Designing for Women
Published in CSP Daily News
Attracting female customers requires consistency, commitment
ATLANTA -- At a time when drug stores have positioned themselves as convenience stores for women, convenience retailers are trying to ratchet up their game to convince their current female customers to stay and to attract more women inside the c-store.
It's not an easy proposition, however, as retailers attending Capturing the Female Consumer, a discussion forum held by CSP Information Group early this week in Atlanta, learned. More than a dozen retailers and suppliers participated in the meeting, which was sponsored by Kellogg, Kraft, US Beverage, McLane [image-nocss] Grocery Distribution and R.J. Reynolds.
Creating a welcoming shopping environment is perhaps one of the biggest challenges, with many older and contemporary c-stores handicapped by poor lighting, cluttered windows and confusing store layouts. Martin Roberts, president of GRID2 International, a New York City-based design firm that has worked with Sheetz, Giant Food and Convenience Food Mart, added poor selection, high prices, lack of cleanliness, poor security and too much focus on prepackaged, processed foods as other factors that have played against the channel.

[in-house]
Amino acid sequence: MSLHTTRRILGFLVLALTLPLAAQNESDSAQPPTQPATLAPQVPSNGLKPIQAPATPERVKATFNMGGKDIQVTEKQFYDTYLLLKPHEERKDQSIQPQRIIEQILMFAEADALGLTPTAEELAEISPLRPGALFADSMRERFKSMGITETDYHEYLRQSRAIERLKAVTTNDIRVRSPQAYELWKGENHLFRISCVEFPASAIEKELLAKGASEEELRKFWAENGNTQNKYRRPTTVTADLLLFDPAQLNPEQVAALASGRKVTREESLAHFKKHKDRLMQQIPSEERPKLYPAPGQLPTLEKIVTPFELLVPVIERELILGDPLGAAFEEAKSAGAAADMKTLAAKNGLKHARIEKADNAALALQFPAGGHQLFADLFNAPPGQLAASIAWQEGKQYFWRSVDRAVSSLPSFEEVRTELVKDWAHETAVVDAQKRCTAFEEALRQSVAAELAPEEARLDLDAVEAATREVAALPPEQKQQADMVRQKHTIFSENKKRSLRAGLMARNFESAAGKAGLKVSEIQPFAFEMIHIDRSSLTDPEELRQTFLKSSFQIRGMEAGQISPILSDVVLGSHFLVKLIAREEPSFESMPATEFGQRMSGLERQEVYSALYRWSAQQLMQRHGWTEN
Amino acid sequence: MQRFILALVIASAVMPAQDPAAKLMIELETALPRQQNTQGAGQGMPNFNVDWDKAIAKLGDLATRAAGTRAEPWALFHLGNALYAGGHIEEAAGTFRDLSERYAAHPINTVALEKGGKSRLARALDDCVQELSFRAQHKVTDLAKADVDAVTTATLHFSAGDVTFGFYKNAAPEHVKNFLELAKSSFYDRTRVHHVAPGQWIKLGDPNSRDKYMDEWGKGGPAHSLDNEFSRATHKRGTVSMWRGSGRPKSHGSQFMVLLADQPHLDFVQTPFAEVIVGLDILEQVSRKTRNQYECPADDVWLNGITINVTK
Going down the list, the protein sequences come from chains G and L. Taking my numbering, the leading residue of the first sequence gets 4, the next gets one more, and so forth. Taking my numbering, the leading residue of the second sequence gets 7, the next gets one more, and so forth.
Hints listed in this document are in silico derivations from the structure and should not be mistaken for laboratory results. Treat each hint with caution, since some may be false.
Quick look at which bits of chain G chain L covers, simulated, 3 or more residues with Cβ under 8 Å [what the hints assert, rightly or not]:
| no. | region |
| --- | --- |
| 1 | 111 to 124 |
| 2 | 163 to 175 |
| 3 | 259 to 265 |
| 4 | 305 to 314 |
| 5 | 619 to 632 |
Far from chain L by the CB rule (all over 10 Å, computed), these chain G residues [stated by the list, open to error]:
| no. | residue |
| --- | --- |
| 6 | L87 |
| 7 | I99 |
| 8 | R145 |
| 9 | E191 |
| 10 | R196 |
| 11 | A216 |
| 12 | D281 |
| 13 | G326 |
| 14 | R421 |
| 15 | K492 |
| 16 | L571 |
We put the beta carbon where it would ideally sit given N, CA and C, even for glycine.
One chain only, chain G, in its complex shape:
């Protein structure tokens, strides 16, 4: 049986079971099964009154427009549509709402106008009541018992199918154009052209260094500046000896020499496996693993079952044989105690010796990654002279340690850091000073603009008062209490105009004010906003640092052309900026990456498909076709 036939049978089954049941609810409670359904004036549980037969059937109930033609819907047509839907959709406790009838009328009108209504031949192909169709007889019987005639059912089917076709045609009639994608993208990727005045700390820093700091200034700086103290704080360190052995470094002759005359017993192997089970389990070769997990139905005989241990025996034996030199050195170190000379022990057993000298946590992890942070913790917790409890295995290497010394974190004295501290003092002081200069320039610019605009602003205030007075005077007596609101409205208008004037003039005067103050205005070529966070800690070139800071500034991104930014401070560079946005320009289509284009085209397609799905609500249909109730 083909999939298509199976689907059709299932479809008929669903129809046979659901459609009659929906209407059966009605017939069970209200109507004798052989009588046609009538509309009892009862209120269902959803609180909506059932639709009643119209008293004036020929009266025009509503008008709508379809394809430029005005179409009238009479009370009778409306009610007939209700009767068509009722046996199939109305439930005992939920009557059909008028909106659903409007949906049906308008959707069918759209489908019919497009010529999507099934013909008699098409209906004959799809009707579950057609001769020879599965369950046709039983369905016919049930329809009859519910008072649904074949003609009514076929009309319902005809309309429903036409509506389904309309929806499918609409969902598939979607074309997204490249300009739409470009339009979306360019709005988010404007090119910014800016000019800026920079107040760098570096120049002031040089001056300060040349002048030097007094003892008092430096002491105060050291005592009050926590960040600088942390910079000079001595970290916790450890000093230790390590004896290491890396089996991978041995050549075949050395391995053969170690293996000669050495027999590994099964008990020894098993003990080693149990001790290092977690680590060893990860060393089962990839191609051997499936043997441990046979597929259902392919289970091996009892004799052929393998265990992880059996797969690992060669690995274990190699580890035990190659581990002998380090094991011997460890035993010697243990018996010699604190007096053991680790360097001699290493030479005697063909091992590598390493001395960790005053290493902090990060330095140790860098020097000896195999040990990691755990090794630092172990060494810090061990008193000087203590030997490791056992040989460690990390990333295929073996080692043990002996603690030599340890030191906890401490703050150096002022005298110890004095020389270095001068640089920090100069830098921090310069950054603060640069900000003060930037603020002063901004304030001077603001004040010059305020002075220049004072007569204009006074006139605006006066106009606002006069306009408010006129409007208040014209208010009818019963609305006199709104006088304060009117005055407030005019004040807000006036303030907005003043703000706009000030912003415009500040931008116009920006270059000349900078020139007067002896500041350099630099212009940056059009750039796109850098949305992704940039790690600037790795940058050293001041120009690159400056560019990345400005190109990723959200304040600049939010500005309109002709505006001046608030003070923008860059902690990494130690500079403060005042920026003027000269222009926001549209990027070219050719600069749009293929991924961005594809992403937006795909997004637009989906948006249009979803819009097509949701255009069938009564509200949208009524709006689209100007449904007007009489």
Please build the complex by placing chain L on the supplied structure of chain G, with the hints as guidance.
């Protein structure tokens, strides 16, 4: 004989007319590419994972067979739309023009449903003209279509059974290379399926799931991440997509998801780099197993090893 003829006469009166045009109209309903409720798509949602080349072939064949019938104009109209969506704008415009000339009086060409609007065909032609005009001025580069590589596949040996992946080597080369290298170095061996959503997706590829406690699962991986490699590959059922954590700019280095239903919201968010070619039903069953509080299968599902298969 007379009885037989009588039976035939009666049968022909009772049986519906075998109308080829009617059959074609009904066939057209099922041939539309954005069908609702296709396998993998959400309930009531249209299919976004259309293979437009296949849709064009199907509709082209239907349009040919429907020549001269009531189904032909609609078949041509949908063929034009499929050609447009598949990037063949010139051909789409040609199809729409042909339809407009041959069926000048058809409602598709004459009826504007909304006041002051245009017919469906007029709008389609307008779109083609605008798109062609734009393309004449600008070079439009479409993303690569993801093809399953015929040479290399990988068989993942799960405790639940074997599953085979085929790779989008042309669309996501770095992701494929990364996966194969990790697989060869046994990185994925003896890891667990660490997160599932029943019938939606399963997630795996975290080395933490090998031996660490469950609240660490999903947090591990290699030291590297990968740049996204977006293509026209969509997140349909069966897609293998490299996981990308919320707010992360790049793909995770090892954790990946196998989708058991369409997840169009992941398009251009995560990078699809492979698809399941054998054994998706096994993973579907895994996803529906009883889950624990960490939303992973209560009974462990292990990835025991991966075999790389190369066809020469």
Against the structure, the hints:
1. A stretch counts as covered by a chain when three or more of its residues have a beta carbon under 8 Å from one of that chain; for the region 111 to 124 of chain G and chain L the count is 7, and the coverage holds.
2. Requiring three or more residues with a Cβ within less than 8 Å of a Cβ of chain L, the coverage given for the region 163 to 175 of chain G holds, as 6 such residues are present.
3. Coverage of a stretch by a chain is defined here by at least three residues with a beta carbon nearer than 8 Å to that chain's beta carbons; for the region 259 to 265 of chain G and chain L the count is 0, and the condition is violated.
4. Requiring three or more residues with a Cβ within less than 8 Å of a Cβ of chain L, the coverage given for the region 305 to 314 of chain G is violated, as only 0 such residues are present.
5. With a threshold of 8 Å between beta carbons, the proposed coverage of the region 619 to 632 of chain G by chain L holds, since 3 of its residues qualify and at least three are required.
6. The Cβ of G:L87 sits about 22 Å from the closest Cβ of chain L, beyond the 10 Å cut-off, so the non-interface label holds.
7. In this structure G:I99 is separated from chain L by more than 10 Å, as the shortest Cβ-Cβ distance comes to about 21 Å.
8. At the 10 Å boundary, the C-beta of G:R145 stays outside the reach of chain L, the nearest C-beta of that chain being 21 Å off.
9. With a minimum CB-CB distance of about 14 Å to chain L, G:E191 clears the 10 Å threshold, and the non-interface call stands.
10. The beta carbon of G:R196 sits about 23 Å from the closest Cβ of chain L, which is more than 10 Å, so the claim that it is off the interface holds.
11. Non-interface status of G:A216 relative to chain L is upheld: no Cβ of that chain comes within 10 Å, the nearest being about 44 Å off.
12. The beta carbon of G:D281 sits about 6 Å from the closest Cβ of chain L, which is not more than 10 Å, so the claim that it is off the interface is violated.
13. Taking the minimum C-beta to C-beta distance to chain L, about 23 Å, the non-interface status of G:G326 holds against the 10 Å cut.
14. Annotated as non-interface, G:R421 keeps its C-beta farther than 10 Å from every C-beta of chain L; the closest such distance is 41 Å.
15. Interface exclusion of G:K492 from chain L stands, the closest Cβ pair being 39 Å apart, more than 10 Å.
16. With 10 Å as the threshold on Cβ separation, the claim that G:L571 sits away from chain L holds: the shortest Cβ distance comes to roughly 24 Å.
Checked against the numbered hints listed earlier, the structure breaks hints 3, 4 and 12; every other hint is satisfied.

Roberts urged retailers at the forum to take a second look at their interior design as a first step. Some c-stores simply look too busy, with several different types of signage and overly masculine NASCAR coloring turning the facility into the equivalent of an orchestra warming up. You need someone conducting the orchestra, Martin argued. He also offered these cues:
Implement better store planning. Improve store lighting, utilizing different levels of light sources. Unclutter the store. Offer more fresh products. Improve interior traffic flow. Use more branding opportunities within the store.
One c-store located near a train station in France that GRID2 redesigned with softer aisle lines, more natural colors, brighter lighting and a renewed emphasis on featuring fresh foods enjoyed a 30% boost in sales. A complete raze and rebuild is not required to enjoy similar results, Martin noted. Simply changing floor or surface materials to more natural colors, boosting cleanliness levels and/or adding lighting can make a formerly unappealing, intimidating site into a place where female customers want to stop and shop.